Realtime Worlds gave gamers a surprisingly refreshing sandbox treat in 2007 with the release of Crackdown for the Xbox 360. Ruffian Games’ 2010 Crackdown 2 was therefore widely anticipated. Despite featuring numerous thoughtful improvements in game design, Crackdown 2 is altogether less entertaining, missing the charm Crackdown brought to its gameplay experience.
Set ten years after the original Crackdown, Crackdown 2 sees a new batch of genetically-engineered paramilitary police, called “agents,” tasked with overcoming the anarchic Cell terrorist organization while enacting a plan to wipe out a city-wide infestation of mutant “freaks.” As plots go, it is simple to the point of farce, but that is the point. Like Crackdown, the narrative embraces a juvenile simplicity that serves the over the top action, rather than getting in its way.
The real shame of Crackdown 2’s failure is that Ruffian Games clearly did their homework in executing the improvements to the game’s design. The variety of available vehicles and weapons has been streamlined, making each a bit more generic than their equivalents in the previous game. The effect is that each piece of equipment has a distinct purpose and clear role in the player’s arsenal. There seem to be fewer options, but the choices among them feel more important. Tying available gear to agent skill progression was also a canny choice; besides lending skill improvement a more concrete benefit, it also helps preserve the game’s difficulty curve by preventing the player from using the most powerful weapons and fastest cars at the outset. Crackdown 2 also boasts a far greater range of enemies against which to use said skills and equipment. In particular, the addition of freaks plaguing the city at night—requiring a completely different approach to combat than the more conventional Cell terrorists—helps keep the gameplay interesting far longer than it otherwise would be. There are real improvements to be seen in Crackdown 2, as befits a proper sequel.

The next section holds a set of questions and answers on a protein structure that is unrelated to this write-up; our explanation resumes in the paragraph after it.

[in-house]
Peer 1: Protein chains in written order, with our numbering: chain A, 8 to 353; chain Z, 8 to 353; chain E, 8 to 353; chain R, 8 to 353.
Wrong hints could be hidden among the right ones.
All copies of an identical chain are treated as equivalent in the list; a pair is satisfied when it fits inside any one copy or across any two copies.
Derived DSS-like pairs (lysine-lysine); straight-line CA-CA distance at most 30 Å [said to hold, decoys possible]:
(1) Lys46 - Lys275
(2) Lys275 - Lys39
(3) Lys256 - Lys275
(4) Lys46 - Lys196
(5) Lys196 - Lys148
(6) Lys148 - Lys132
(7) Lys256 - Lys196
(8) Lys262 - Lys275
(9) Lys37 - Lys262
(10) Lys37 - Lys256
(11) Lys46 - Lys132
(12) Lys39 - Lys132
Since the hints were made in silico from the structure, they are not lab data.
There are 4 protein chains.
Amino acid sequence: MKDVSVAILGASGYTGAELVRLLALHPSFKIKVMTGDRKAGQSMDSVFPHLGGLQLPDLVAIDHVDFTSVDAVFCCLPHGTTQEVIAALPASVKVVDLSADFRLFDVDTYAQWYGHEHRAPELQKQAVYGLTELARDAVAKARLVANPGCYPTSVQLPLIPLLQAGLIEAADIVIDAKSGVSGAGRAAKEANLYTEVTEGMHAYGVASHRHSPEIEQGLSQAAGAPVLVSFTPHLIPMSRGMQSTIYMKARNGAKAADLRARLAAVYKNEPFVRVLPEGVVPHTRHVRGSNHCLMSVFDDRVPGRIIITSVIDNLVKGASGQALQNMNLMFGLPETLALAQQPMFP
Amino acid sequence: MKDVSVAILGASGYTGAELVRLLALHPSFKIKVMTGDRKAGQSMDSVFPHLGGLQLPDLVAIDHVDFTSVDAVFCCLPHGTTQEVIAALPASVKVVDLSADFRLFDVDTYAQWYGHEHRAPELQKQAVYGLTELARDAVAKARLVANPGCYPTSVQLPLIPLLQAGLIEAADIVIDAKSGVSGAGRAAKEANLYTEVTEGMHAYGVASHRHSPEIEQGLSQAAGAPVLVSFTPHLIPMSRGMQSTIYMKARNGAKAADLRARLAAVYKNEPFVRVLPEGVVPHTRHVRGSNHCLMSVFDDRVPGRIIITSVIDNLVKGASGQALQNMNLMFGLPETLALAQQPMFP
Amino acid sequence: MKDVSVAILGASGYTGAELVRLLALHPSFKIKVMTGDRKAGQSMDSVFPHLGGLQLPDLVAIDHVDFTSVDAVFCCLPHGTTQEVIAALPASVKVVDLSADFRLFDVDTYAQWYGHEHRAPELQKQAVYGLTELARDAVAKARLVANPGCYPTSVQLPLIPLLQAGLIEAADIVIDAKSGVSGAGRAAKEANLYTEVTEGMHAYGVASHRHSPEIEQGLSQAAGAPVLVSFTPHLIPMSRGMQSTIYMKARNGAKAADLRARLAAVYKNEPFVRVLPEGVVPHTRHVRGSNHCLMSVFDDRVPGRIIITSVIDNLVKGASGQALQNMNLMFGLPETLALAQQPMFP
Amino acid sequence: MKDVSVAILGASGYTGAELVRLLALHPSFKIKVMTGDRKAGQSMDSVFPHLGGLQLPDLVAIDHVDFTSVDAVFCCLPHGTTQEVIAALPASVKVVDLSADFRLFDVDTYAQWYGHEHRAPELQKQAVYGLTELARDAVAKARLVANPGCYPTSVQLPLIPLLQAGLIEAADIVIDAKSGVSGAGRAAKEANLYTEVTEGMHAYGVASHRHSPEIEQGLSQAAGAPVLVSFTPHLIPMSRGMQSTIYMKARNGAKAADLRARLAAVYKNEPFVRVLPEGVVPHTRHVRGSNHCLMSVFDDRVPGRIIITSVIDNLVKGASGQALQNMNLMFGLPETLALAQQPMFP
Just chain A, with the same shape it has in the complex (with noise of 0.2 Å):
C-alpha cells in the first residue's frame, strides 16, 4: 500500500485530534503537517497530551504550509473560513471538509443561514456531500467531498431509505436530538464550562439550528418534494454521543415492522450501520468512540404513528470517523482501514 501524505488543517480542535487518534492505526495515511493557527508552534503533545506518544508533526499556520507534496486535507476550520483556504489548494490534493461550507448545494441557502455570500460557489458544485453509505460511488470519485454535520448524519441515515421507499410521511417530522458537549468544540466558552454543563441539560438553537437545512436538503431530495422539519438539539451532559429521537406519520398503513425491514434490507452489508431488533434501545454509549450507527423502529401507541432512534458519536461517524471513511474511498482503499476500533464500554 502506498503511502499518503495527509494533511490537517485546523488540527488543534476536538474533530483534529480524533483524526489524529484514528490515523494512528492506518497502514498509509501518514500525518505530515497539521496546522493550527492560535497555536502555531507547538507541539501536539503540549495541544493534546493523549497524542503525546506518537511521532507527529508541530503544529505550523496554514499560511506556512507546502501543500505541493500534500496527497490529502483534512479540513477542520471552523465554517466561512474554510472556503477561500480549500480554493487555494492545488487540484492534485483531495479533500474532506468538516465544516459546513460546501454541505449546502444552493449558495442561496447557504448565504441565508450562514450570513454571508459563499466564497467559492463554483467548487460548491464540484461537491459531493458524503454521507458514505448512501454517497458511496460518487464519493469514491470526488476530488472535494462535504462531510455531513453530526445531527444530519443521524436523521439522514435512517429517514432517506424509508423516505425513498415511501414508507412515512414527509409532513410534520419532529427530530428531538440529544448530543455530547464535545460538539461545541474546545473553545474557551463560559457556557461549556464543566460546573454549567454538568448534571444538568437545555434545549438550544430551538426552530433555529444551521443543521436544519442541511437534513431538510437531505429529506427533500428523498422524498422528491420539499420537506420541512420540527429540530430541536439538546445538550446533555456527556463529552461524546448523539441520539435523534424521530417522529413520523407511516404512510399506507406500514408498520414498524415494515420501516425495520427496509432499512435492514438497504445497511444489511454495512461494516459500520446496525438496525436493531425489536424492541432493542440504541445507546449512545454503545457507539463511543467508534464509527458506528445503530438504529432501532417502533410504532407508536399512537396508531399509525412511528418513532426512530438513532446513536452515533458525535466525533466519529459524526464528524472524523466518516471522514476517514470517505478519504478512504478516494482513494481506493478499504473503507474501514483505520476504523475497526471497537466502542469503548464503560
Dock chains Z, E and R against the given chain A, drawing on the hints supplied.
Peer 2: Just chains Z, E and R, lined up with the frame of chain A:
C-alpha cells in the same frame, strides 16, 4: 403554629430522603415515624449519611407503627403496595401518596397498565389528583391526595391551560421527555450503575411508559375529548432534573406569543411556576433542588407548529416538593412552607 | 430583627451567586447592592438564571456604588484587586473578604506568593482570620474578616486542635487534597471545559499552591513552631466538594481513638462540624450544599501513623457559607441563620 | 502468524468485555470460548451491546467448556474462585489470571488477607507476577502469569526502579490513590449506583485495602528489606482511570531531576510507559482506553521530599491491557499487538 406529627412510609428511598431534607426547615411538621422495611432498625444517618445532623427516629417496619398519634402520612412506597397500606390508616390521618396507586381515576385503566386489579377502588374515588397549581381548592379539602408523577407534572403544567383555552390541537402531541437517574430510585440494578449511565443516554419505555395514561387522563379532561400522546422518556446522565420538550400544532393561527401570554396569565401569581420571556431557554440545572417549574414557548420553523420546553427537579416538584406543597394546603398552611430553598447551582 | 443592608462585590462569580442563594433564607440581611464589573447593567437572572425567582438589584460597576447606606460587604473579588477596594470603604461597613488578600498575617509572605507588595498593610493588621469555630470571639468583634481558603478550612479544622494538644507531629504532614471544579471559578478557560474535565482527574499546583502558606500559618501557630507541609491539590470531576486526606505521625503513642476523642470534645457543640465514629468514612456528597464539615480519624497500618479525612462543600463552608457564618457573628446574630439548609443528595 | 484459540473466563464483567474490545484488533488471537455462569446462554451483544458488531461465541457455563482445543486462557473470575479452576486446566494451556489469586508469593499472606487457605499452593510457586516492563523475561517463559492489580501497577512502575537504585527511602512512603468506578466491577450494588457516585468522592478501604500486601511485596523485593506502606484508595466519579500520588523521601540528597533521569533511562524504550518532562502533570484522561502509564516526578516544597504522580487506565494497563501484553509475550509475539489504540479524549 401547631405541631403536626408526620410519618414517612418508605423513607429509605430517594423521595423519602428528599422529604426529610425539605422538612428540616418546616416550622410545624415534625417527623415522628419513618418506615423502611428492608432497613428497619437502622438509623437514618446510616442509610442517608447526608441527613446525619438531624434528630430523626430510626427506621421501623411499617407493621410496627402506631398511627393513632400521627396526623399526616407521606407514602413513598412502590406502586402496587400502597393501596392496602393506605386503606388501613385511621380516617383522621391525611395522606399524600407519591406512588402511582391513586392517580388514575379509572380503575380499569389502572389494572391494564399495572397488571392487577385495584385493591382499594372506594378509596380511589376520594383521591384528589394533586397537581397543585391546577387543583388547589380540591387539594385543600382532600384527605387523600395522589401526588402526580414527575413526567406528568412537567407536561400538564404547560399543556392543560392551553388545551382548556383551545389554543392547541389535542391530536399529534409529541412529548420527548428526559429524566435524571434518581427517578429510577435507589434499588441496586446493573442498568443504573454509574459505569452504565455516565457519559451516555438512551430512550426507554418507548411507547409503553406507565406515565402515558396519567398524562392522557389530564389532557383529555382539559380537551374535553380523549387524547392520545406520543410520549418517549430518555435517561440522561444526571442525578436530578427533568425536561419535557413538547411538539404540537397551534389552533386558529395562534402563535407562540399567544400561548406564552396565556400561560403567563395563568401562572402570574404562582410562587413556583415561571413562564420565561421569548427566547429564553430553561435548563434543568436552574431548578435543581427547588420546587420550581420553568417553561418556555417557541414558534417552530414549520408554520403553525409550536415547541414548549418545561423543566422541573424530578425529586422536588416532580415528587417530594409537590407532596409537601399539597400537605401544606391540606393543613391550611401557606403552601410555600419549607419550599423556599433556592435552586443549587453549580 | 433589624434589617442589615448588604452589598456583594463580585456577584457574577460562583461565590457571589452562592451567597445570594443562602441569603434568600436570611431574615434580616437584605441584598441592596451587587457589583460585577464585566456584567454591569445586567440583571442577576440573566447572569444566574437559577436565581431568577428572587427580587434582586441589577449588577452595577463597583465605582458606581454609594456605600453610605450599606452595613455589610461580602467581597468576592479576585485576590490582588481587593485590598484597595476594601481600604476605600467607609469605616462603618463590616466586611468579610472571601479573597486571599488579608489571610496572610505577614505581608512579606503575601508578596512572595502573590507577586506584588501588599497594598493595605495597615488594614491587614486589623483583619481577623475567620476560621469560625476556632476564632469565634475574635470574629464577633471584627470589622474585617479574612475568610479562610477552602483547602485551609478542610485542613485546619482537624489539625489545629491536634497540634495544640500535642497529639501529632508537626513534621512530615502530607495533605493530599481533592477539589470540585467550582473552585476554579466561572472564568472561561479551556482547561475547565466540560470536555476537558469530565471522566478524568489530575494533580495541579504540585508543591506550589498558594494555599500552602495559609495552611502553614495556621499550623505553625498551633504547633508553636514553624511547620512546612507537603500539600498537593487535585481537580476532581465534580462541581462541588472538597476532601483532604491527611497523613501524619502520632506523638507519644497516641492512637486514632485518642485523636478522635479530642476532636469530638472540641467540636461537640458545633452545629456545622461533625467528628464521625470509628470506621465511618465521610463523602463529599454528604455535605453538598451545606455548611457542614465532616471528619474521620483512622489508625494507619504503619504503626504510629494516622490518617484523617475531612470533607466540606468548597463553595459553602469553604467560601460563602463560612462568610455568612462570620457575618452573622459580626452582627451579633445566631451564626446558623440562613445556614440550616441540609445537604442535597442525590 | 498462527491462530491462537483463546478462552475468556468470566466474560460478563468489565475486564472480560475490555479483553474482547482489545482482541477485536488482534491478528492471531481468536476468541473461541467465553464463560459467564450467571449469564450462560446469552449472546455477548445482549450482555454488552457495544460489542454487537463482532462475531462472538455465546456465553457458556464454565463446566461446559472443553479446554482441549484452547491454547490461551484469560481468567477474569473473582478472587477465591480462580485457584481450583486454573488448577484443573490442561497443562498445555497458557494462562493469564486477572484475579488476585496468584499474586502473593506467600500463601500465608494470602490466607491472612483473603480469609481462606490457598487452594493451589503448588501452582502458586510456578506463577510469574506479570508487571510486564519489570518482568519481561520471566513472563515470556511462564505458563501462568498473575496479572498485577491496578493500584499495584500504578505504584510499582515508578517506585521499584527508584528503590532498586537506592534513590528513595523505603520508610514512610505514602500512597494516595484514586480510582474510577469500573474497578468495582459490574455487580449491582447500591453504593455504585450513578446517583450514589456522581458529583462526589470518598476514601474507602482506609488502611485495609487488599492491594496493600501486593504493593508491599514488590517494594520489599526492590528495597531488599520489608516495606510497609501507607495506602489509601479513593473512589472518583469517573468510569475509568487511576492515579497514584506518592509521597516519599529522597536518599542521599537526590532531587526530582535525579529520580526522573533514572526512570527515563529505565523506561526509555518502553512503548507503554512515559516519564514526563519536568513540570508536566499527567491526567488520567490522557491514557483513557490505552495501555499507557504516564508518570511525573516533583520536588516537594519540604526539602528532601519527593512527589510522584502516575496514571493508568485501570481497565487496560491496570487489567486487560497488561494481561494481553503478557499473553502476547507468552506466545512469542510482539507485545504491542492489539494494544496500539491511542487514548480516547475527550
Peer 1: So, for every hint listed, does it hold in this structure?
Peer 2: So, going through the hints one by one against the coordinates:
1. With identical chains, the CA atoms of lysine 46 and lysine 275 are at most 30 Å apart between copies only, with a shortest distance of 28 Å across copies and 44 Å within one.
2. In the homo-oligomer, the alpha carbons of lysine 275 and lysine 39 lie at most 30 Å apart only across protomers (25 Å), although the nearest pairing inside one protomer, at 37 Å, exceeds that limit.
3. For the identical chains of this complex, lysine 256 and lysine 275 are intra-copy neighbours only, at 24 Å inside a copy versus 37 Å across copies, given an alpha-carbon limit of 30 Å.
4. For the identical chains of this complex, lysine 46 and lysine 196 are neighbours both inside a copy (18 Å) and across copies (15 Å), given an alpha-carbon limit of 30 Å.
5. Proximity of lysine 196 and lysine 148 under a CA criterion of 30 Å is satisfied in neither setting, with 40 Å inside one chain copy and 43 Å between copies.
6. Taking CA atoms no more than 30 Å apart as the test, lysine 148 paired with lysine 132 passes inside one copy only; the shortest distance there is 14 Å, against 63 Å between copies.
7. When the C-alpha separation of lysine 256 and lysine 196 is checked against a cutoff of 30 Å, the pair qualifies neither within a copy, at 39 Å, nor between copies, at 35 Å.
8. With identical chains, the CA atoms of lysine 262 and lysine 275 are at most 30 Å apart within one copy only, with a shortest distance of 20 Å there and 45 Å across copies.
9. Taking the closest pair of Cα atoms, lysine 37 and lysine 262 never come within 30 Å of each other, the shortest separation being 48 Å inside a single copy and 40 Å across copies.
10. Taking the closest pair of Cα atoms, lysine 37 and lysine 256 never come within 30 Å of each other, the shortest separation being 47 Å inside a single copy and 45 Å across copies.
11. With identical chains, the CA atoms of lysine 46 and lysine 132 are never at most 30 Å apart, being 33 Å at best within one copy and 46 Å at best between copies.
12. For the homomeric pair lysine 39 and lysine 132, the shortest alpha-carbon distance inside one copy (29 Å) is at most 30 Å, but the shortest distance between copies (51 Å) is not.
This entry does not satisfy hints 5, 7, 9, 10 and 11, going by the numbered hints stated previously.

Arguably, it is all of this progress that keeps Crackdown 2 from being as endearing as its predecessor. Like everything else in the game, the setting has also evolved, and while that evolution looks good on paper, it ultimately does the game a disservice. Pacific City is badly worn by the constant fighting and freak infestation, a wrecked version of its former self. This darker, edgier vision of the city may fit the story, but it also serves to highlight the understated genius of Crackdown by its absence here. The juxtaposition of violence and human corruption within a pristine setting marked by bright colors and clean lines worked with the subtly cel-shaded graphics to make Crackdown feel like a playable comic book. That whimsy, critical to Crackdown‘s success, is lost in the dark ruins of Pacific City.
Crackdown 2 is relatively fun while it last, which is likely only a dozen hours or so for a single player game, but the quality of the improvements that set it above Crackdown are lost to its much less charming presentation.